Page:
Well, how can you say you will, when you won't You tell me you do, baby, when you don't? Let me know, honey, how you feel Tell the truth now is love real
Ah-hah, oh honey don't, well honey don't Honey don't, no honey don't, hey honey don't Say you will when you won't, ah-hah honey don't
Well, I love you, baby, and you ought to know I like the way that you wear your clothes Everything about you is so doggone sweet You got that sand all over your feet
So ah-hah, hey honey don't, honey don't Well honey don't, ah-hah honey don't, honey don't Say you will when you won't, ah-hah honey don't
(Oh honey don't)
Well, sometimes I love you on a Saturday night Sunday morning you don't look right You've been out painting the town Uh huh baby, been stepping around
So ah-hah, hey honey don't, well honey don't Honey don't, honey don't, well honey don't Say you will when you won't, ah-hah honey don't
Well well, honey don't, oh honey don't Yeah honey don't, honey don't Say you will when you won't, ah-hah honey don't
Writer/s: CARL PERKINS
Publisher: WRENSONG PUBLISHING CORP.
Lyrics licensed and provided by LyricFind
Nick from London, United KingdomMost white rock'n'rollers were snapped up by the major labels; Sun Records was the only independent company that was able to compete due to the glut of talent in Memphis. Carl Perkins was born in Tennessee and his main musical influences came from listening to Grand Old Opry guitarists such as Ernest Tubb and Arthur Smith on the radio. But he claims to have been inspired to take up music from an early age by his association with a black sharecropper called (Uncle) John Westbrook. Carl, 'It was his inspiration that made me know what it was I wanted to do for the rest of my life'. This close connection between poor whites and blacks in the southern states is a constant theme running through blues and country music in the early part of the century. Perkins devised a unique mixture of blues and honky-tonk country boogie, playing guitar fills around his vocals like a blues singer, 'I just speeded up some of the slow blues licks...a country man's song with a black man's rhythm'. His third record, Blue Suede Shoes/Honey Don't was initially a big hit on the country charts, but a Billboard review of the time points to greater success, 'A lively reading on a gay rhythm ditty with a strong R&B backing...(with) a large measure of appeal for pop and R&B customers'. Perkins became the first country artist to crack the R&B chart and in March 1956, the record entered the pop charts. The Beatles version of Honey Don't has more symmetrical measures than Perkins' original. Paul: 'For this album (Beatles For Sale) we rehearsed only the new ones. Songs like Honey Don't and Everybody's Trying To Be My Baby, we'd played live so often that we only had to get a sound on them and do them'. Ringo: 'We all knew Honey Don't, it was one of those songs that every band in Liverpool played. I used to love country music and country rock. I'd had my own show with Rory Storm, when I would do five or six numbers. So singing and performing wasn't new to me' Nick Duckett http://www.rhythmandbluesrecords.co.uk/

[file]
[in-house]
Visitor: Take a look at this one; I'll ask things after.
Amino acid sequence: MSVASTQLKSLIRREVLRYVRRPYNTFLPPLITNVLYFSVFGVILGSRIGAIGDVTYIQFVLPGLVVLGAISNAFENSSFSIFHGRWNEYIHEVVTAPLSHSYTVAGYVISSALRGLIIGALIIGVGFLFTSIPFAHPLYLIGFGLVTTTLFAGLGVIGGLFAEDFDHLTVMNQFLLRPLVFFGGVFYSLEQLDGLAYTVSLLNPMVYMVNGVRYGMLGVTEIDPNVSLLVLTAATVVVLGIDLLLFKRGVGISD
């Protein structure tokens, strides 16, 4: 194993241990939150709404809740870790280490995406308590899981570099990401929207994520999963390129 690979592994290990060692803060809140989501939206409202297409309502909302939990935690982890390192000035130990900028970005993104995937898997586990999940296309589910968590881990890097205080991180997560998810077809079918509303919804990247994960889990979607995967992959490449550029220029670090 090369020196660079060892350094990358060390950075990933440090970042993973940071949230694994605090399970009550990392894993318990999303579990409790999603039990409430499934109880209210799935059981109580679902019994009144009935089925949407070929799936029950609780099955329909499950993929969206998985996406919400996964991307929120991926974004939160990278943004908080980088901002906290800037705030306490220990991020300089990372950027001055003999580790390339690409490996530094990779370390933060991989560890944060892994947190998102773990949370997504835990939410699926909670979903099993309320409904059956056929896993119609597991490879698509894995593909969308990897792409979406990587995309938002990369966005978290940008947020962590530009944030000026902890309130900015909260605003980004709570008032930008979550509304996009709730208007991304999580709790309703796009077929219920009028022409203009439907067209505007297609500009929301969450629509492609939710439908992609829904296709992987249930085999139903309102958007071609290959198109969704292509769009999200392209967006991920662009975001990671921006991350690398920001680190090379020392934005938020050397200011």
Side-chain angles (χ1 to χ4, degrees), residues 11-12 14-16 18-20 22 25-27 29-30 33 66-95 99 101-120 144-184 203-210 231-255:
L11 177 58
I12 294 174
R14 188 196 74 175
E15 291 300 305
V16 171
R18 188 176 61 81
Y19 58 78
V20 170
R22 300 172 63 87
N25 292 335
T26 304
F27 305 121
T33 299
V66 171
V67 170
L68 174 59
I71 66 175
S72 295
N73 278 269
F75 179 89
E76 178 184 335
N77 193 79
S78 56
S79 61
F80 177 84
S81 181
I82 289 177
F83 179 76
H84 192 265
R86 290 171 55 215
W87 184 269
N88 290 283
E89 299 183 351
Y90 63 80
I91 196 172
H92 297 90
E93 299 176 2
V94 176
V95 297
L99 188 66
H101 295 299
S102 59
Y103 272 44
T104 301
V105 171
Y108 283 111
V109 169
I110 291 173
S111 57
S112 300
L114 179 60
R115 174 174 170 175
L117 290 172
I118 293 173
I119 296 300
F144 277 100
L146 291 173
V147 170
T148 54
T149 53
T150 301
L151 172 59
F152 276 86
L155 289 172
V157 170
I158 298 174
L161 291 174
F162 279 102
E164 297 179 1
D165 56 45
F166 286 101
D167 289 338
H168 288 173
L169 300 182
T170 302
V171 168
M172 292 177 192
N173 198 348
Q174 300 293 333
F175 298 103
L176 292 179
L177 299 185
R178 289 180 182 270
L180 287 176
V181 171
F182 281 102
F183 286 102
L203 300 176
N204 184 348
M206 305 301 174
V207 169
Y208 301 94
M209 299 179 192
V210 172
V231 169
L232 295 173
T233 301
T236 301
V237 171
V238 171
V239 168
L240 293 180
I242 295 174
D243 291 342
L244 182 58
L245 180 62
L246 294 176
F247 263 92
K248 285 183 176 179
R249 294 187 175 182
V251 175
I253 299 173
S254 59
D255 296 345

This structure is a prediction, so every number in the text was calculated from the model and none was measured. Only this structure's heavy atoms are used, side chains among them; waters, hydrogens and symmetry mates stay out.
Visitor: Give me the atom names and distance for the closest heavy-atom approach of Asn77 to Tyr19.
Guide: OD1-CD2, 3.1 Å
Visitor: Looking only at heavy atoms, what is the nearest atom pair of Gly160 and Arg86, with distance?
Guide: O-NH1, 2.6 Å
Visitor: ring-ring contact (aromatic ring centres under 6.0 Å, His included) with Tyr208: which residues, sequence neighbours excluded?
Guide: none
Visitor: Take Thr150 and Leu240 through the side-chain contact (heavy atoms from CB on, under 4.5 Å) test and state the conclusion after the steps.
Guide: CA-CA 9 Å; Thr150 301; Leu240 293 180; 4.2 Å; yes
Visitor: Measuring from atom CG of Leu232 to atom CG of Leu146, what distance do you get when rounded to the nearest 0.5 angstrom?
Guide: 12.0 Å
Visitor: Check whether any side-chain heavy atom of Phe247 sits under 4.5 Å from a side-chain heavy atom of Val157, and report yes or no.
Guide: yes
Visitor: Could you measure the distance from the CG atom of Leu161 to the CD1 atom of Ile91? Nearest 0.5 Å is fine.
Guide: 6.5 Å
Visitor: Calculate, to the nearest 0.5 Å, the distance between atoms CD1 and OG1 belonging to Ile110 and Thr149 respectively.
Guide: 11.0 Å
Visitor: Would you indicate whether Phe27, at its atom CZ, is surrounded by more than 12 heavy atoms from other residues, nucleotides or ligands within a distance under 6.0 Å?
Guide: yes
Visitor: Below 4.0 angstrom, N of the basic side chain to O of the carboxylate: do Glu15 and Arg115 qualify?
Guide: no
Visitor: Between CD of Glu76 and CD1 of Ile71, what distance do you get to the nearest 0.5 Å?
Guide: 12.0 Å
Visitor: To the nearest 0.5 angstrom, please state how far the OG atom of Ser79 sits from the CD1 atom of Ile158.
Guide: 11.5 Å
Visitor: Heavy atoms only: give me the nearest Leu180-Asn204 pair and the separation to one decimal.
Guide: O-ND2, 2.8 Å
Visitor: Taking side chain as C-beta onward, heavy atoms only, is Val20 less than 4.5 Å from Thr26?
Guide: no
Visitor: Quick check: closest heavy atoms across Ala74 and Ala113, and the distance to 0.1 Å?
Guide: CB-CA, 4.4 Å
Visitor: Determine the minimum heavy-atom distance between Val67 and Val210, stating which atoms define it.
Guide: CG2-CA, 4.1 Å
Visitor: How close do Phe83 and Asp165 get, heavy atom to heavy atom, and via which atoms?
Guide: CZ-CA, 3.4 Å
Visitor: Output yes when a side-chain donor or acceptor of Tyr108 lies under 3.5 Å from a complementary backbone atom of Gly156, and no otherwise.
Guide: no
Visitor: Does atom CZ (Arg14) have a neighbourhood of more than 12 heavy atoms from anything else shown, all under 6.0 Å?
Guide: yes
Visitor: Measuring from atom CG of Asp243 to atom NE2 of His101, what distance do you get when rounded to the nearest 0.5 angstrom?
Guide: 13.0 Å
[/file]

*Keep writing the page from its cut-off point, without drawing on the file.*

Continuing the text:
Bianca Sanchez from Alburquerque, NmRingo sings this on Beatles 65, John sings it good but Ringo sings it best! Live at The BBC is cool because of the little speeches my faveorite is Crinsk Di night because it goes like this'
first they're chatting about who was worst in A hard day's night the movie then, they say how good Ringo was and then
Ringo; Can you hear me? John: Can you hear im? other guy: not really John: we brought you the flowers Ring, Ringo:..... John (in wierd voice): they brought you the flowers Ringo: Oh good John:and the grapes Ringo (louder this time almost yelling); John I like Grapes! *laghing* john: He likes grapes I crack up every time
Maggie from LondonYeah, you're right, John sings the one on Live at the BBC. He always used to sing it live, but then they gave it to Ringo for Beatles for Sale.
Ian from Lethbridge, CanadaI love the Beatles version, and I love Ringo's voice! He has such a soothing voice!
Stefanie from Rock Hill, ScI've never heard the Beatles version of this. The Carl Perkikns one is really cool though!
Dennis from Anchorage, AkRingo sang it on the album. Every Beatles album includes one number sung by Ringo. Eventually he even wrote a couple of songs himself, but for a long time he would sing covers. That was the only way to explain the baffling choice to record the country hit "Act Naturally" - they needed something for him to sing. And he had always wanted to be a cowboy, so...
Linus from Hamilton, On, CanadaApparenlty not very popular..
Colleen from Port Colborne, CanadaIt kinda sounds like Ringo but then he says to George "Rock on one time for Ringo"
Amanda from New York City, NyFor the Beatles version: doesn't Ringo sing the studio version and JOHN sings the version on 'Live at the BBC'?
When "Last Friday Night (T.G.I.F.)" climbed to #1 on the Hot 100, Katy Perry became the first woman to send five songs from one album to the top of the charts. The four previous chart-toppers from her Teenage Dream set were "California Gurls," "Teenage Dream," "Firework"; and, "E.T."